So as developers cozy up to the iPad, this new Swiss Army Knife of the mobile technology world, Leroux knows that as platforms come and go, there always will be game developers.

But she feels that the iPad will allow new content developers to reach a wider audience, including children.”This can be a Sesame Street for new learners, all learners.”

Find details of the next iPhone Network Lounge.


Lenore Weiss

Posted via email from techtabletalk's posterous

Friday, February 5, 2010

Design iPhone apps in Photoshop: iMartini or My Dry Martini?

All the pizza was gone by the time I managed to get to first Photoshop User Group meeting of the year at Adobe’s voluminous cafeteria located at 601 Townsend Street. It took awhile for me to drive across the Bay Bridge, a drizzly wet Thursday evening with both FastTrack and cash customers who were backed up behind the metering lights, my first attempt at driving across the Bay Bridge since a cable had snapped last Labor Day weekend with ensuing accidents over the bridge’s now infamous new structural “S-curve.” But tonight I was good. My GPS device was honed in on my target, I arrived in time to find a chair and hear surrounding chatter (“We stayed in Lisbon for three days. It was cold and rainy and there were a lot of cobblestones.”) I waited for the lights to go down, when two t-shirted men from Aquent, a talent agency, which had been responsible for providing the now empty boxes of pizza, gave a current job forecast and encouraged one and all to stop by after the meeting. Before they exited stage right, they offered a few job pointers which included: developing a good resume, calling your old employers “to be sure you’ll get a good referral,” networking with people at user groups and staying current and relevant. They closed with “Mobile is big. So are visual front-end developers and everything Flash.” Now it was Marine’s turn. She didn’t waste time getting started despite her wrestling match with a clip-on microphone. I’d met Marine last year at the iPhone Network Lounge, but since that time, Bamboudesign has been in the news, including the New York Times and Information Week as a leading new iPhone and a new iPad developer. Marine waltzed the congregation through the development of an iPhone application using Photoshop, a nice cocktail app giving users an idea how to mix up Martinis. What else would it be called but iMartini? She started off with her own set of pointers that sounded a lot like old school journalism’s “who, what, when and where”--know the objective of your application; who are its users; identify key task, use scenarios, and then finally, sketch out your screens that will be later morphed into Design Templates. It’s all about fundamentals and being organized. A former employee of Macromedia in a former life, Marine gave the dimensions of iPhone applications that are available in Apple’s UI Guidelines and SDK. In portrait view, they translate to 320 px by 480 px with definitions for the bottom menu bar of 44px that are roughly equivalent to the size of a male’s fingertip, she quipped. There are more definitions, but check the SDK. Sans serif fonts, like Helvetica is the one to choose, although Arial also will make the grade. Text should be in the vicinity of 17 to 22 px with other definitions for labels and list view. Forget to underline, that is don’t! Other specifications include using the image file type = PNG since these vector images have a better alpha channel with greater color depth; moreover, 72 dpi is totally acceptable for graphic resolution size. Now for a lego starter kit of free pre-fab iPhone graphics, Marine suggested two good sources and here are the URLies:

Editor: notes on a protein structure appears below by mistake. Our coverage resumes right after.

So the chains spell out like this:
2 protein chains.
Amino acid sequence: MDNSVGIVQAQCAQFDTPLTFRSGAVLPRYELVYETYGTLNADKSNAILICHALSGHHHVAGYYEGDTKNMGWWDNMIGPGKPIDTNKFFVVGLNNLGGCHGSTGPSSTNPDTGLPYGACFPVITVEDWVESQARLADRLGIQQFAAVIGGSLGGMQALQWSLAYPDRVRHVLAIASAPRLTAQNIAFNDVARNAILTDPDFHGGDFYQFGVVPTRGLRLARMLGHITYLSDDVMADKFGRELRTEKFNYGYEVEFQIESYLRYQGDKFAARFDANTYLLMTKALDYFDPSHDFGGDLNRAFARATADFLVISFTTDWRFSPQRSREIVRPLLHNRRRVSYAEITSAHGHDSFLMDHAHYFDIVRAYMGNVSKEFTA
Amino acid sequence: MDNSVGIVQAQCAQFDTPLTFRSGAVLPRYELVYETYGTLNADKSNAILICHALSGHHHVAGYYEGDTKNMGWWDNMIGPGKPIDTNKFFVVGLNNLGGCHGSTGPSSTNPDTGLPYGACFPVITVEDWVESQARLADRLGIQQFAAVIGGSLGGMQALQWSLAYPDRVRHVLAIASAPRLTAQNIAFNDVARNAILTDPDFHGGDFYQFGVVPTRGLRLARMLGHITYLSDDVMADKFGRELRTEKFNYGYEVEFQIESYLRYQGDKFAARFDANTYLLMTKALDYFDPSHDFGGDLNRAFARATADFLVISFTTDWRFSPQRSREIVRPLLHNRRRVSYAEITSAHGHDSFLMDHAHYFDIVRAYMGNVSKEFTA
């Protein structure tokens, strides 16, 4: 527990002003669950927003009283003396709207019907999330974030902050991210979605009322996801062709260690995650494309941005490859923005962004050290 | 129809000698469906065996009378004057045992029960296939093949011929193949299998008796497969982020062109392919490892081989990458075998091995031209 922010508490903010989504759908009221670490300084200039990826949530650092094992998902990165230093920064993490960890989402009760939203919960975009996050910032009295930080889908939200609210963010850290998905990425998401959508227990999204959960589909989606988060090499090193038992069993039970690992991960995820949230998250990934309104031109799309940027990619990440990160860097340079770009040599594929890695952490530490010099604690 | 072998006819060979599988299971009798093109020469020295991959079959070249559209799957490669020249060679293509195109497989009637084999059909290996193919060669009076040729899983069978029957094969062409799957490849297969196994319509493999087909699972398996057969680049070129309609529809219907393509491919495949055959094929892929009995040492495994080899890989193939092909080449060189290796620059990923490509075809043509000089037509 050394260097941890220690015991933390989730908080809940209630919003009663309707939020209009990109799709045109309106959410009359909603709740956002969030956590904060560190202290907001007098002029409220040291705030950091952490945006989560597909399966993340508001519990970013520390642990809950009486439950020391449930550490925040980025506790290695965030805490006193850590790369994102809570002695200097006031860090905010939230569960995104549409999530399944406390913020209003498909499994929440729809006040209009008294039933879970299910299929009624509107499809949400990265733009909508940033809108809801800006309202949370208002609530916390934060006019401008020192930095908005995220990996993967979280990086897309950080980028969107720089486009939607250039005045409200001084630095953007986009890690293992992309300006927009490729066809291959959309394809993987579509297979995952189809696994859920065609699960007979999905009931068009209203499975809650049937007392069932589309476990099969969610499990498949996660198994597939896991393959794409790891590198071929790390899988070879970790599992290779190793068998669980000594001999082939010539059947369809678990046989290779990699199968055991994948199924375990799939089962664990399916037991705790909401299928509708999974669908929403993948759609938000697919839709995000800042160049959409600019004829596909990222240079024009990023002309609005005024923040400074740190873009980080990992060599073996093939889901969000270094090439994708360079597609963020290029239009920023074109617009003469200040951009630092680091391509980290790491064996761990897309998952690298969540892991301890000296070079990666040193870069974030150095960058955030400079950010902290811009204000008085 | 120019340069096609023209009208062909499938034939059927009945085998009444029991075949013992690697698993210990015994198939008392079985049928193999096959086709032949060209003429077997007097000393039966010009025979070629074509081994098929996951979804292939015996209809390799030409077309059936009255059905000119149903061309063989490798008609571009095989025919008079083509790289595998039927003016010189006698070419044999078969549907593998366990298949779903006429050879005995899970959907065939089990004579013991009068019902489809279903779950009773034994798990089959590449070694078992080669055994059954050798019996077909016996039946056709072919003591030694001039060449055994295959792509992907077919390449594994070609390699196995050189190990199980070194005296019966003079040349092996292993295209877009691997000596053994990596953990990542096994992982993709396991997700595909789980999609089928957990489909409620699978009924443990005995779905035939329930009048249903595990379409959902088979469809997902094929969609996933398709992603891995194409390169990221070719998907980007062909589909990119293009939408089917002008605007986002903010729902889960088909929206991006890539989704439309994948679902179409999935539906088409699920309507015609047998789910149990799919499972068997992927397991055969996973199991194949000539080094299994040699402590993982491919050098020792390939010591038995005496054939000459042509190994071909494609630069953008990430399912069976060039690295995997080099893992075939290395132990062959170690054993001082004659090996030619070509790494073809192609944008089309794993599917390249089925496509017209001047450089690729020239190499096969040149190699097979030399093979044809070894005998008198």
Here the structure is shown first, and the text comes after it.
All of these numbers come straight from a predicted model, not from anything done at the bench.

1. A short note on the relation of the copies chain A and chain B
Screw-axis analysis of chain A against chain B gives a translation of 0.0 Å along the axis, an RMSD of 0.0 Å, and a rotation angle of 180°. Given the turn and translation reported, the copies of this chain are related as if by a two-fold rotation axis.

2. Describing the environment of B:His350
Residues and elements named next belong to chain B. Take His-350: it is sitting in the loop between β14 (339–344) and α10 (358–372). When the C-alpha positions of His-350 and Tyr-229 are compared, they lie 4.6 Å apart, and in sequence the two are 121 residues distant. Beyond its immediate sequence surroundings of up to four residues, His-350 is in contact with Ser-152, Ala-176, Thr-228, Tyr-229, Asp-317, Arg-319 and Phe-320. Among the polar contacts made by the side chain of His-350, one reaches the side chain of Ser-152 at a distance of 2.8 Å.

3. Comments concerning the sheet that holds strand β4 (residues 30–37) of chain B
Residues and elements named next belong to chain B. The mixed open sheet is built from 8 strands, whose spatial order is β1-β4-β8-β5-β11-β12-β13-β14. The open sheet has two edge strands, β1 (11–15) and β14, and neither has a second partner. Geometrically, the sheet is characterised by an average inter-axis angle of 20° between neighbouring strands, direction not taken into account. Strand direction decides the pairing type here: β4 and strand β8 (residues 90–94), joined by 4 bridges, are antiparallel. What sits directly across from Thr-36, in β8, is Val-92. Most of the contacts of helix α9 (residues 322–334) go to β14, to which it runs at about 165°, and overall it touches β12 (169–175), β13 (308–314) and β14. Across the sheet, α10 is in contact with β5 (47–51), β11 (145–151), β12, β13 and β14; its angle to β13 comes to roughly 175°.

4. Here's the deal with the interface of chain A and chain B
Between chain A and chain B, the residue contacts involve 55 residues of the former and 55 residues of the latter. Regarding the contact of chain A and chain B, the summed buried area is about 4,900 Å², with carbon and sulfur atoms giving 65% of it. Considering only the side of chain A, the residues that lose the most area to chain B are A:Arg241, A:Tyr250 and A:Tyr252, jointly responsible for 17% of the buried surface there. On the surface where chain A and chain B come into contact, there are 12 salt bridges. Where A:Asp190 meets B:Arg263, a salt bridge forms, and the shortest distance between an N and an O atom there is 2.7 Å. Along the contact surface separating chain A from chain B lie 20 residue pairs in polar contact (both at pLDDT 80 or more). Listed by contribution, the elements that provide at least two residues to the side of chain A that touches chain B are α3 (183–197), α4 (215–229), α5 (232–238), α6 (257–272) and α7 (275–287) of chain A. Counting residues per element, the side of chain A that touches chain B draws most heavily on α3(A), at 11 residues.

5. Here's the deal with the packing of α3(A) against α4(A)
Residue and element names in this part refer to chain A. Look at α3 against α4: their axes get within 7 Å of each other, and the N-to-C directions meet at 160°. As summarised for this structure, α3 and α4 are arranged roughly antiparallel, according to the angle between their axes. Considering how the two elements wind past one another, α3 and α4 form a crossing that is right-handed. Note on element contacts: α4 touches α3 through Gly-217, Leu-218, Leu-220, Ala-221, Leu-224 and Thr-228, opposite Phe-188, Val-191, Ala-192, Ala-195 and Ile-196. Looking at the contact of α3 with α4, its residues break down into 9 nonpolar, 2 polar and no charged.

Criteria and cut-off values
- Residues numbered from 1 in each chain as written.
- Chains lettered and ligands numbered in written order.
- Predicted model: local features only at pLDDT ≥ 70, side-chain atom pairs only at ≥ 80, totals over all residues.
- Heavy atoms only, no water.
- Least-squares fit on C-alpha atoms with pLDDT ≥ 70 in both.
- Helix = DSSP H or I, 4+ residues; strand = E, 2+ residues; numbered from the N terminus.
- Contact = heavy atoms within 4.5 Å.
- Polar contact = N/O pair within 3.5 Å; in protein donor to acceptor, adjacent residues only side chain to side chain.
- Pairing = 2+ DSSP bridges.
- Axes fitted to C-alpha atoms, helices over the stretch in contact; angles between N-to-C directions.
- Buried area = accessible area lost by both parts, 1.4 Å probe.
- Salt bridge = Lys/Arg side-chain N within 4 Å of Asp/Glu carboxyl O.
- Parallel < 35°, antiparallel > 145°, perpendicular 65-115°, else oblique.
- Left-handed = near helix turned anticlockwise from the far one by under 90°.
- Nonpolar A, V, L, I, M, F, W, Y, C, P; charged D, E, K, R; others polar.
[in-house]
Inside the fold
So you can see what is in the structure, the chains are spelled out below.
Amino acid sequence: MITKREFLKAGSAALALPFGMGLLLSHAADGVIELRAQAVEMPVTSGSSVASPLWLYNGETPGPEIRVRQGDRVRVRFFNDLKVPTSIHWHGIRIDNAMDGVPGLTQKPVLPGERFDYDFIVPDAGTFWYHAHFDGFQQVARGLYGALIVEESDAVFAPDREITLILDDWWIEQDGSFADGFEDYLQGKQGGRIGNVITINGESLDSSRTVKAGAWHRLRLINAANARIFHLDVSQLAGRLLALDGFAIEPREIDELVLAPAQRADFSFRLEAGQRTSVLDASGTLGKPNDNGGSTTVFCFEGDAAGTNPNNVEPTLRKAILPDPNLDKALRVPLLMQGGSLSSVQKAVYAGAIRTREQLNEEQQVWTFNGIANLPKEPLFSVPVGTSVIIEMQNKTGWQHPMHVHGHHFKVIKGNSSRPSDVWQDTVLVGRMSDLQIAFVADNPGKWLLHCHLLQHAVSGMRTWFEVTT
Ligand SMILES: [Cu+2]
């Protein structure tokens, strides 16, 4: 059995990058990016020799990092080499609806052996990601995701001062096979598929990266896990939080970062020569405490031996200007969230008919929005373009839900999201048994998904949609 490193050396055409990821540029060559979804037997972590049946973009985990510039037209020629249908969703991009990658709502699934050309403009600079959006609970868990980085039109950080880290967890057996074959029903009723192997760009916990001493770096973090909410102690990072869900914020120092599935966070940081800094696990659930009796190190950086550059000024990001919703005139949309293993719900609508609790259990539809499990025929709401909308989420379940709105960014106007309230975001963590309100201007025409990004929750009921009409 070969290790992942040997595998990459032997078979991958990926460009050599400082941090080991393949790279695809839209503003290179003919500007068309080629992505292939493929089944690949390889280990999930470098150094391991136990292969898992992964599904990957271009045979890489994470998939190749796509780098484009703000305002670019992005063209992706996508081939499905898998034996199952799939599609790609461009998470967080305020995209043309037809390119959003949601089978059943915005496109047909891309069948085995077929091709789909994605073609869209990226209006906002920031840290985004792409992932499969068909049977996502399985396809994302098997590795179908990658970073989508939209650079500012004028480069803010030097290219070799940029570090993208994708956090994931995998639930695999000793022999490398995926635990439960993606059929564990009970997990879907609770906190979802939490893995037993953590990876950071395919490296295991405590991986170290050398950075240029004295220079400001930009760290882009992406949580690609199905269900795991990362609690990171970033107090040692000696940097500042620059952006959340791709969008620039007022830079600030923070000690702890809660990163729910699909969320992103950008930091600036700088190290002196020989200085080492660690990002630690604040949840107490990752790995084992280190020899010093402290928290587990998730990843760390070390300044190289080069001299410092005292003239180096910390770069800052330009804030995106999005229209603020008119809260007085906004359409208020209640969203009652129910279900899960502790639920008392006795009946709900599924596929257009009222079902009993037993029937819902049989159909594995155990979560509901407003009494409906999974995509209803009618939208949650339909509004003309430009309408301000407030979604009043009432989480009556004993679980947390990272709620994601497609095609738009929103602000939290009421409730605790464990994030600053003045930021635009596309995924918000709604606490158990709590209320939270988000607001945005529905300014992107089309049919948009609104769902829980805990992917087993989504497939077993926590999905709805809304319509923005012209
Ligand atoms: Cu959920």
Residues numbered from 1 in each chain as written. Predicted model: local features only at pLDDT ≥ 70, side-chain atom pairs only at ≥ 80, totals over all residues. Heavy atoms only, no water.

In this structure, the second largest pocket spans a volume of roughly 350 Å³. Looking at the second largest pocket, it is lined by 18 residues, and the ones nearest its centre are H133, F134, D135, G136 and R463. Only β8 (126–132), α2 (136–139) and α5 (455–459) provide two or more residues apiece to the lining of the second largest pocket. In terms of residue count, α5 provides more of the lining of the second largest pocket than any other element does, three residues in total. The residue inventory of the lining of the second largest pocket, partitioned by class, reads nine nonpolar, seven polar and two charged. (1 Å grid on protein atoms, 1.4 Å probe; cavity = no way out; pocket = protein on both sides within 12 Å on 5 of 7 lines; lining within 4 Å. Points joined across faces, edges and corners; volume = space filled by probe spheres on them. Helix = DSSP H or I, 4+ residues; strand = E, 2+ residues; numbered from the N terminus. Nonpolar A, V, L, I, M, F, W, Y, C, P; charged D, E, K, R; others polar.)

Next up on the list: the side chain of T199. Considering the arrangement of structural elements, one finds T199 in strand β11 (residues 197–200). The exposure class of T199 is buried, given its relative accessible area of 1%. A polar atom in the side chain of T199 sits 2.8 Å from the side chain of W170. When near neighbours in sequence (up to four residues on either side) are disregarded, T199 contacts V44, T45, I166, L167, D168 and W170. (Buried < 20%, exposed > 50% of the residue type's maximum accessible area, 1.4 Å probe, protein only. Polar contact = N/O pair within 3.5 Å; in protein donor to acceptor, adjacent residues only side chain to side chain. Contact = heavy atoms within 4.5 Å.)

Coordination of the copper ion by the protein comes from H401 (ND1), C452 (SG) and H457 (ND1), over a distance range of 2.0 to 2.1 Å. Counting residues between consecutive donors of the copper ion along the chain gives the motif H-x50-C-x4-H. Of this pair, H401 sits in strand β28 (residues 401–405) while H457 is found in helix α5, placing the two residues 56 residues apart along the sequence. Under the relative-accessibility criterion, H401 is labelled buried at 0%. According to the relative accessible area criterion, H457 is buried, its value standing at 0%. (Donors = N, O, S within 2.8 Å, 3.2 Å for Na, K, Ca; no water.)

The rest of Marine’s talk would’ve made Benjamin Franklin proud. It was all about being organized, efficient, and frugal. She explained how to create a file structure of assets that included basic screens, templates, and screens that were unique to the application with PNG/PSD folders for buttons, images, labels, and whatever else you have hanging around. Layer and name everything in Photoshop, she advised, and, “Plan to have the status bar above the title because it’s more convenient for users.”Develop your PSD screens, PNG graphics (and don’t forget about developing your post-pressed buttons), screen flows, and specify your interaction. The last two steps, she explained, are largely for developers who get handed off the information. “Don’t let your developers guess,” she advised. “They’re very smart people, but not your typical user. Give them the full recipe so they can make the cake exactly the way you want it.” Tips from the audience included using Photoshop to create highlighted (action) buttons. Just “batch ‘em.” Also craigslist is a good place to find roaming developers. As for me, pass the Martini…

To contact Marine:

Lenore Weiss

Posted via email from techtabletalk's posterous